Crossing the online merchandising chasm

That being so, why is it that retail CMOs are not beating down their CEOs’ doors with news of this revolution in online merchandising, and demanding immediate investment in AI?

crossing-the-chasm

The short answer is fear. Merchandisers are slow to join the AI revolution because of a mistaken belief that they will lose control, fear that computers cannot be trusted to deal with the nuances of merchandising, or just fear for their jobs.

All are understandable, reasonable and wrong:

  • Nuance: In online retail, nuance means predicting shopper behaviour and reflecting it in second by second merchandising decisions - not in agonising over which tops to place next to those gold trousers. Understanding that online nuance is about crunching data, quickly - a job for which computers and machine learning are ideally adapted.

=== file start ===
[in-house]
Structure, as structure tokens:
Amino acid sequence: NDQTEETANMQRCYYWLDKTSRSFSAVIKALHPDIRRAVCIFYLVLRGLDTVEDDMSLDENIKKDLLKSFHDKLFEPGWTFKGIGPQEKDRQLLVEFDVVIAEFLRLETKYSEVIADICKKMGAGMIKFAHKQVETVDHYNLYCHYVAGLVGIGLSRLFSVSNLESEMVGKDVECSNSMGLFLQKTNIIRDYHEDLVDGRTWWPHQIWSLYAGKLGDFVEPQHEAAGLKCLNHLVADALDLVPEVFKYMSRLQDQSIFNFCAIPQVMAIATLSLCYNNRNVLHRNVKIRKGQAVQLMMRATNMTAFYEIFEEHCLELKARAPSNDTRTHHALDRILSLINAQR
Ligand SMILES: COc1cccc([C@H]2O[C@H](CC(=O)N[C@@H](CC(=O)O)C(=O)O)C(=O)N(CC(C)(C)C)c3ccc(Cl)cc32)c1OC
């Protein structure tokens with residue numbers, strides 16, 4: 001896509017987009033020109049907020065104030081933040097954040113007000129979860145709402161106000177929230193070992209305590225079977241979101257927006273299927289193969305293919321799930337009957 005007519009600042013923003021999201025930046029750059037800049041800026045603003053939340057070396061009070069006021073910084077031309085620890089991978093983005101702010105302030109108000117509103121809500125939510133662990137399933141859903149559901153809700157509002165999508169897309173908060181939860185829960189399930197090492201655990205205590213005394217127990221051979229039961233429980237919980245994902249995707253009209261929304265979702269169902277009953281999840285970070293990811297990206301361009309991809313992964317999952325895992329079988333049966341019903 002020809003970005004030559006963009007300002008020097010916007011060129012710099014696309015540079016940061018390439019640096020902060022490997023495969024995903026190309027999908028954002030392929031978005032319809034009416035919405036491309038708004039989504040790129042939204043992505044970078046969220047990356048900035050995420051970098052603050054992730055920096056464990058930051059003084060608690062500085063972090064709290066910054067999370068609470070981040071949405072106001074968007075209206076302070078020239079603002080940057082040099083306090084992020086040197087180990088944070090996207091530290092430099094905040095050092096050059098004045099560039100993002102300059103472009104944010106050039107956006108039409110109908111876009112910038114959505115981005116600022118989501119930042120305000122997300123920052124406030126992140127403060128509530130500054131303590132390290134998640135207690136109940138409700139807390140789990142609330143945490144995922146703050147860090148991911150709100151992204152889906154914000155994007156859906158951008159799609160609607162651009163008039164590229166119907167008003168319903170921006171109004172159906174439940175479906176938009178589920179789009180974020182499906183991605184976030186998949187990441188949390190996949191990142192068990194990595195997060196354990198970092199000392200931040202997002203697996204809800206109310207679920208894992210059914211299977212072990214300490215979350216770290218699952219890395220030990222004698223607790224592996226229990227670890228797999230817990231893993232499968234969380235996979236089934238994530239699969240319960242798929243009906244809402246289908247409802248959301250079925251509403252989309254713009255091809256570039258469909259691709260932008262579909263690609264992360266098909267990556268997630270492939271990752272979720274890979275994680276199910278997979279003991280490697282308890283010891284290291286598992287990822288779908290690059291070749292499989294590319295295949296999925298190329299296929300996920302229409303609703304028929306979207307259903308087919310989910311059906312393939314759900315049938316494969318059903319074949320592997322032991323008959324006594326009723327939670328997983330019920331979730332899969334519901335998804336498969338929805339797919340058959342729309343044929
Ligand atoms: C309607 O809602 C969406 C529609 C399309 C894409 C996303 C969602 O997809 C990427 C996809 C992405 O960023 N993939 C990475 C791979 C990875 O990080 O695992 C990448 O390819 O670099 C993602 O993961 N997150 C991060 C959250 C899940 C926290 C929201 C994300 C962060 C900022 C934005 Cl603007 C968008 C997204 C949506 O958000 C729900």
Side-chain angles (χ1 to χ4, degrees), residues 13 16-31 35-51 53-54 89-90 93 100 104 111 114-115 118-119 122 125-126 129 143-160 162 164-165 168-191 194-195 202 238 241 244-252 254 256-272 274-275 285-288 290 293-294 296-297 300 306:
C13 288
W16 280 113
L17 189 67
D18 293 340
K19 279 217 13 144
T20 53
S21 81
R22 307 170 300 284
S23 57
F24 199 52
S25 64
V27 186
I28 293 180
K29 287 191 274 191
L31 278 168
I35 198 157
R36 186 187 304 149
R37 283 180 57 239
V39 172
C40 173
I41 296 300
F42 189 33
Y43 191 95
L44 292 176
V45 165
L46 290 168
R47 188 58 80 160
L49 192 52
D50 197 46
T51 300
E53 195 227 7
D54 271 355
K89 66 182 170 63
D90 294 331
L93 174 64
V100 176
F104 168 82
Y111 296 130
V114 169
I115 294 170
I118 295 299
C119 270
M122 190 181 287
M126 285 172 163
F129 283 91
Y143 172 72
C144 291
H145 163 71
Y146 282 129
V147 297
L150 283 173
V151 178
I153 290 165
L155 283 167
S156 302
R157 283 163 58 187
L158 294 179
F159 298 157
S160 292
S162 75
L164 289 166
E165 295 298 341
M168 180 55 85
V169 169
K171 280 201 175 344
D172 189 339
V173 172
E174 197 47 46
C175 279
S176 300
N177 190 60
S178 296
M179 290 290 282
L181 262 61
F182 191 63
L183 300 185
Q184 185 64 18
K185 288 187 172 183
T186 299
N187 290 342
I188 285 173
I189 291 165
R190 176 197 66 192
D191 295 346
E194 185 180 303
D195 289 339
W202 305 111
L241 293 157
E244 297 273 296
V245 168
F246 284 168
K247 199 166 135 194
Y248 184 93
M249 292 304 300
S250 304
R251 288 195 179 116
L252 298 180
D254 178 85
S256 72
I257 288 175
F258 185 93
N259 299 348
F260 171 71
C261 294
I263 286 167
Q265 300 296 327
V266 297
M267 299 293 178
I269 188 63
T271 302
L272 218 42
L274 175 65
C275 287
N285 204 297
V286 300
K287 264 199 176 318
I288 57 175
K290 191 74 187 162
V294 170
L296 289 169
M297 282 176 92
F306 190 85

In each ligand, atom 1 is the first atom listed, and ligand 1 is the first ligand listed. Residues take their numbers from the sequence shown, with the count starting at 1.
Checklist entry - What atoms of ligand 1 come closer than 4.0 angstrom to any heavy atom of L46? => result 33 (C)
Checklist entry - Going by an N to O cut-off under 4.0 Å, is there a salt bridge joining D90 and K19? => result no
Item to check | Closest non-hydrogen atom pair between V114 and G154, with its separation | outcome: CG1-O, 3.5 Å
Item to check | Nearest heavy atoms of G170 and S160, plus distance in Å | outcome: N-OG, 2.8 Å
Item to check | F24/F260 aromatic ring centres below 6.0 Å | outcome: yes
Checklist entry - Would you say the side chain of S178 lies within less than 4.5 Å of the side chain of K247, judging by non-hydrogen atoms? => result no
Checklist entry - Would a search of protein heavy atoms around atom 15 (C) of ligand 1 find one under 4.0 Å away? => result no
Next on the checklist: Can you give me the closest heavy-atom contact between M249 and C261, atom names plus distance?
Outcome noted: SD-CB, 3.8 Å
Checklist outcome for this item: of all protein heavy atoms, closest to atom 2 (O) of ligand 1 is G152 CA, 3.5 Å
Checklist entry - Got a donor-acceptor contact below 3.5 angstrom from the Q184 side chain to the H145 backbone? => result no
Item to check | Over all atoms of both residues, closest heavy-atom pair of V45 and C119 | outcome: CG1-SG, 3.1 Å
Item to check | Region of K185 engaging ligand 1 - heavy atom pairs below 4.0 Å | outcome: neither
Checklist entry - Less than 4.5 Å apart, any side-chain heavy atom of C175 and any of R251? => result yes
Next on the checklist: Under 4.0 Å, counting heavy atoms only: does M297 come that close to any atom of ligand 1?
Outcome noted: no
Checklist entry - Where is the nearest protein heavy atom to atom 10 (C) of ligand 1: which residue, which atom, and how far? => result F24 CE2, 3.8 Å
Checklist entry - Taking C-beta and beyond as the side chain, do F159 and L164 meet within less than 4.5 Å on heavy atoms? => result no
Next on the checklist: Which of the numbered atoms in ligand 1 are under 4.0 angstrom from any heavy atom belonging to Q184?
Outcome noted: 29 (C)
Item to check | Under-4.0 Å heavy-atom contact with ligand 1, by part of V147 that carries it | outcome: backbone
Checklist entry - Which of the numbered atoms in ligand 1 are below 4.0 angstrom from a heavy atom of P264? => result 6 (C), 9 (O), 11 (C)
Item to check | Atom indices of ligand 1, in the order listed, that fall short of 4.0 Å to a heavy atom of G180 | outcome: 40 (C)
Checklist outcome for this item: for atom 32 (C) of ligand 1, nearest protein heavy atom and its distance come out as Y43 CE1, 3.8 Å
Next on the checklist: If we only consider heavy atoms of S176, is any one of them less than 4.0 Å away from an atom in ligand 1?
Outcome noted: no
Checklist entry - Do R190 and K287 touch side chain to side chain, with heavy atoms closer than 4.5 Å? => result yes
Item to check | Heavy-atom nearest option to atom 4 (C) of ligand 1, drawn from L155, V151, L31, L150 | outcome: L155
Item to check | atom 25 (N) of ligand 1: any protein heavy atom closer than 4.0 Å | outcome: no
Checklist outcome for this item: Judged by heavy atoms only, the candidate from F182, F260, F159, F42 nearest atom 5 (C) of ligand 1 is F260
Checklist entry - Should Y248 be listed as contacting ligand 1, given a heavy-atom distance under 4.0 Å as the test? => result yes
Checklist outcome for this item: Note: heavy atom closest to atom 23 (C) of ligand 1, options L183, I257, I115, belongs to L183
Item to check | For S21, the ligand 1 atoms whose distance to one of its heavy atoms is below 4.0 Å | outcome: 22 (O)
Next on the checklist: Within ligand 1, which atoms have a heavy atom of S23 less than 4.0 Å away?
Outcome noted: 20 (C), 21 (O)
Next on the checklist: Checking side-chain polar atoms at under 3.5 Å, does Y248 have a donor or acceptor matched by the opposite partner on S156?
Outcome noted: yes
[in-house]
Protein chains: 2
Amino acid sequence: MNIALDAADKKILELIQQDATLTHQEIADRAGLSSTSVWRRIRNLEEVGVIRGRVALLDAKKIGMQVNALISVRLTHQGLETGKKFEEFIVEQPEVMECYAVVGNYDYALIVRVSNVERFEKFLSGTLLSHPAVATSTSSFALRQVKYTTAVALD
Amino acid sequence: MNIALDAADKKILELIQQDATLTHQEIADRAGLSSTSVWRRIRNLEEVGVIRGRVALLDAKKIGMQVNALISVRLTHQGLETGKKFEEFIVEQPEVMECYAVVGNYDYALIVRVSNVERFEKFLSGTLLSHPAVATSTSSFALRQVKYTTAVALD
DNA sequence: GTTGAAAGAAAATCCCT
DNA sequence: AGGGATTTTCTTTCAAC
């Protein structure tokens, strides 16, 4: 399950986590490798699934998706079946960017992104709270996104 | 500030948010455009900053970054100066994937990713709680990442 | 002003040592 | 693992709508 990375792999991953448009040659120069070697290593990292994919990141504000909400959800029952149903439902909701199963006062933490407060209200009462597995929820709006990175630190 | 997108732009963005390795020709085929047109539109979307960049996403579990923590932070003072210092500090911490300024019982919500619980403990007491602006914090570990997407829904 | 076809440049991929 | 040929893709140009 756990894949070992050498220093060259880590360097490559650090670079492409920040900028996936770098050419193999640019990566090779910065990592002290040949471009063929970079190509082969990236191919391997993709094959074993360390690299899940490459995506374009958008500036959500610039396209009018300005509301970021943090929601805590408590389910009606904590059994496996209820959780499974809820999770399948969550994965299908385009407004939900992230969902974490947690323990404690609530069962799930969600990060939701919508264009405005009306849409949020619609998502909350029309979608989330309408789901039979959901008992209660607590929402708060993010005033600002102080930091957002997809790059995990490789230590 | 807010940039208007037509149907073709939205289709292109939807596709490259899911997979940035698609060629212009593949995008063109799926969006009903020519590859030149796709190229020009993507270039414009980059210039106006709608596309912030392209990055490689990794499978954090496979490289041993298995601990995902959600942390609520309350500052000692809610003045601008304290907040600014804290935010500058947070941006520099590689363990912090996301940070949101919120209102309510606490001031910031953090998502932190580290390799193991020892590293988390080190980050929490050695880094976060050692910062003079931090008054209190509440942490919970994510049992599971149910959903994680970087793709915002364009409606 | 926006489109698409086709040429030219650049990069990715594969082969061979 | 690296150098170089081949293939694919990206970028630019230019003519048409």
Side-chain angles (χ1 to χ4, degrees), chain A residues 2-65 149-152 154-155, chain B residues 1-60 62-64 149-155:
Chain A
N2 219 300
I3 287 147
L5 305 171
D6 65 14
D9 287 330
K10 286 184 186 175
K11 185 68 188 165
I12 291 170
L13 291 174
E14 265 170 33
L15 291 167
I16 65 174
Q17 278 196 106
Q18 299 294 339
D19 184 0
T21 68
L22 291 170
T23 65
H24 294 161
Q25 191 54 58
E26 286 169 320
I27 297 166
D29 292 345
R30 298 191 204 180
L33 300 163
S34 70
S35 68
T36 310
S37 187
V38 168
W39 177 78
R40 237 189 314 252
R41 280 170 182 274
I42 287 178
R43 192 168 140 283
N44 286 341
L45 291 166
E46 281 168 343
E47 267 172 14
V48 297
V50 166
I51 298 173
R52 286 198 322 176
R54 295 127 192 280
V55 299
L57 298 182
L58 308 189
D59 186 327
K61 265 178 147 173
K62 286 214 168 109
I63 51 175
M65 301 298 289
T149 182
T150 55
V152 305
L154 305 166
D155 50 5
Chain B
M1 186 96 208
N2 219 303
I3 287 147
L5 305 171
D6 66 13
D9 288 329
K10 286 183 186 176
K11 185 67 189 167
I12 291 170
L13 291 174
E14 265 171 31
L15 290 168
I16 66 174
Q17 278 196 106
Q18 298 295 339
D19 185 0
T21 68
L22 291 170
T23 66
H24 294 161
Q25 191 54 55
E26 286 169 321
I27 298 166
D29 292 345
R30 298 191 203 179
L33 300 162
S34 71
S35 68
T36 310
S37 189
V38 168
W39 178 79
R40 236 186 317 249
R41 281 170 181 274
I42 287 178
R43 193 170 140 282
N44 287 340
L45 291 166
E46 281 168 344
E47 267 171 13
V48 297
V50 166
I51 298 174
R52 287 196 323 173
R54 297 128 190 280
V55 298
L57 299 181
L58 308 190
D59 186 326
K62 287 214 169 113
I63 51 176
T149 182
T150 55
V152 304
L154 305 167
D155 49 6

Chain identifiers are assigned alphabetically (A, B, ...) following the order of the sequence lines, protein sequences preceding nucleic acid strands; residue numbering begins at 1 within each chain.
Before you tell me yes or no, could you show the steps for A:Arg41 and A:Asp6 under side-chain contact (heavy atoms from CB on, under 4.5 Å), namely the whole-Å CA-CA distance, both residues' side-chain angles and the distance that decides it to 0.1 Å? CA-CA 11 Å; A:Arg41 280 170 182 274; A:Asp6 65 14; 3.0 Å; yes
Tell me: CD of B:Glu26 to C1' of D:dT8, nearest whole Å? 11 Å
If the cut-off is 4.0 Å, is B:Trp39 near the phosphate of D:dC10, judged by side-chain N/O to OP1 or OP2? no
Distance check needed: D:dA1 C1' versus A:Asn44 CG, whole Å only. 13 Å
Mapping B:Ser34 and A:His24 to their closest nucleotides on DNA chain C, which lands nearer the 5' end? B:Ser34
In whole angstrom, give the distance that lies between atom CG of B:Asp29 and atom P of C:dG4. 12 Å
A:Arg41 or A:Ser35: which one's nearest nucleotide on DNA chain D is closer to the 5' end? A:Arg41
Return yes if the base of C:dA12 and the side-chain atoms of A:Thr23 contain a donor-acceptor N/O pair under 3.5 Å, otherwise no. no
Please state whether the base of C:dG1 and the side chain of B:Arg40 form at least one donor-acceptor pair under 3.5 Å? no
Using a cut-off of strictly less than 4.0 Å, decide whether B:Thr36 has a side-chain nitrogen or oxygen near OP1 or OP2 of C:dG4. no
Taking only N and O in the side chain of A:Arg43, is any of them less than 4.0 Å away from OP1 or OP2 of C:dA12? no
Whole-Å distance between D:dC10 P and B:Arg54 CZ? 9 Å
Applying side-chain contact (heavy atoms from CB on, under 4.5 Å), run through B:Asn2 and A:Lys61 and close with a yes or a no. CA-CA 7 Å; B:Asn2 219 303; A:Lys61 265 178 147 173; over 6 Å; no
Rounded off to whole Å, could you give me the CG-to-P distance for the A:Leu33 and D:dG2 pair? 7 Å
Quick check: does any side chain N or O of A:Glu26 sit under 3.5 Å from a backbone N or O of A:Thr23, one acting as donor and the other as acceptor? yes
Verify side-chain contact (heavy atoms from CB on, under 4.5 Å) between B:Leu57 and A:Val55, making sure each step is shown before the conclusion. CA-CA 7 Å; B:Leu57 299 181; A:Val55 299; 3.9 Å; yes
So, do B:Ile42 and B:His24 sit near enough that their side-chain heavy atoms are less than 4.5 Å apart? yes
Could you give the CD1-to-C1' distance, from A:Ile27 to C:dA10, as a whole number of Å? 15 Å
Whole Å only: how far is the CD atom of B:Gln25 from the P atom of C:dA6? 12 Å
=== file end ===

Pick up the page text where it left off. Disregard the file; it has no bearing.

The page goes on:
• Redundancy: Even with AI doing the heavy lifting, the important, strategic and creative tasks will remain the preserve of merchandisers. Freed from day to day grunt work, merchandisers will be able to focus on higher value activities that drive long term success - and take on frankly much more rewarding roles that reflect their skills.
  • Control: In this AI-paradigm, human control is simply elevated to a higher level. Merchandisers don’t control every decision, but they control the strategies to which they conform - for instance switching between strategies to optimise for conversion or profit depending on overarching business imperatives. During a sale or when clearing inventory is the priority, then optimising for conversion is the way to go, but switching back to a profit strategy takes a matter of seconds.

The bottom line is very simple: Online retail without AI will continue to tread water when it comes to conversion - and the retailers who are first to market with AI-driven merchandising will derive not just transformational results, but lasting advantage.

For those that miss the boat, there may not be a bottom line for long - so have a word with your merchandising team and ask why you have never heard of AI merchandising before it’s too late.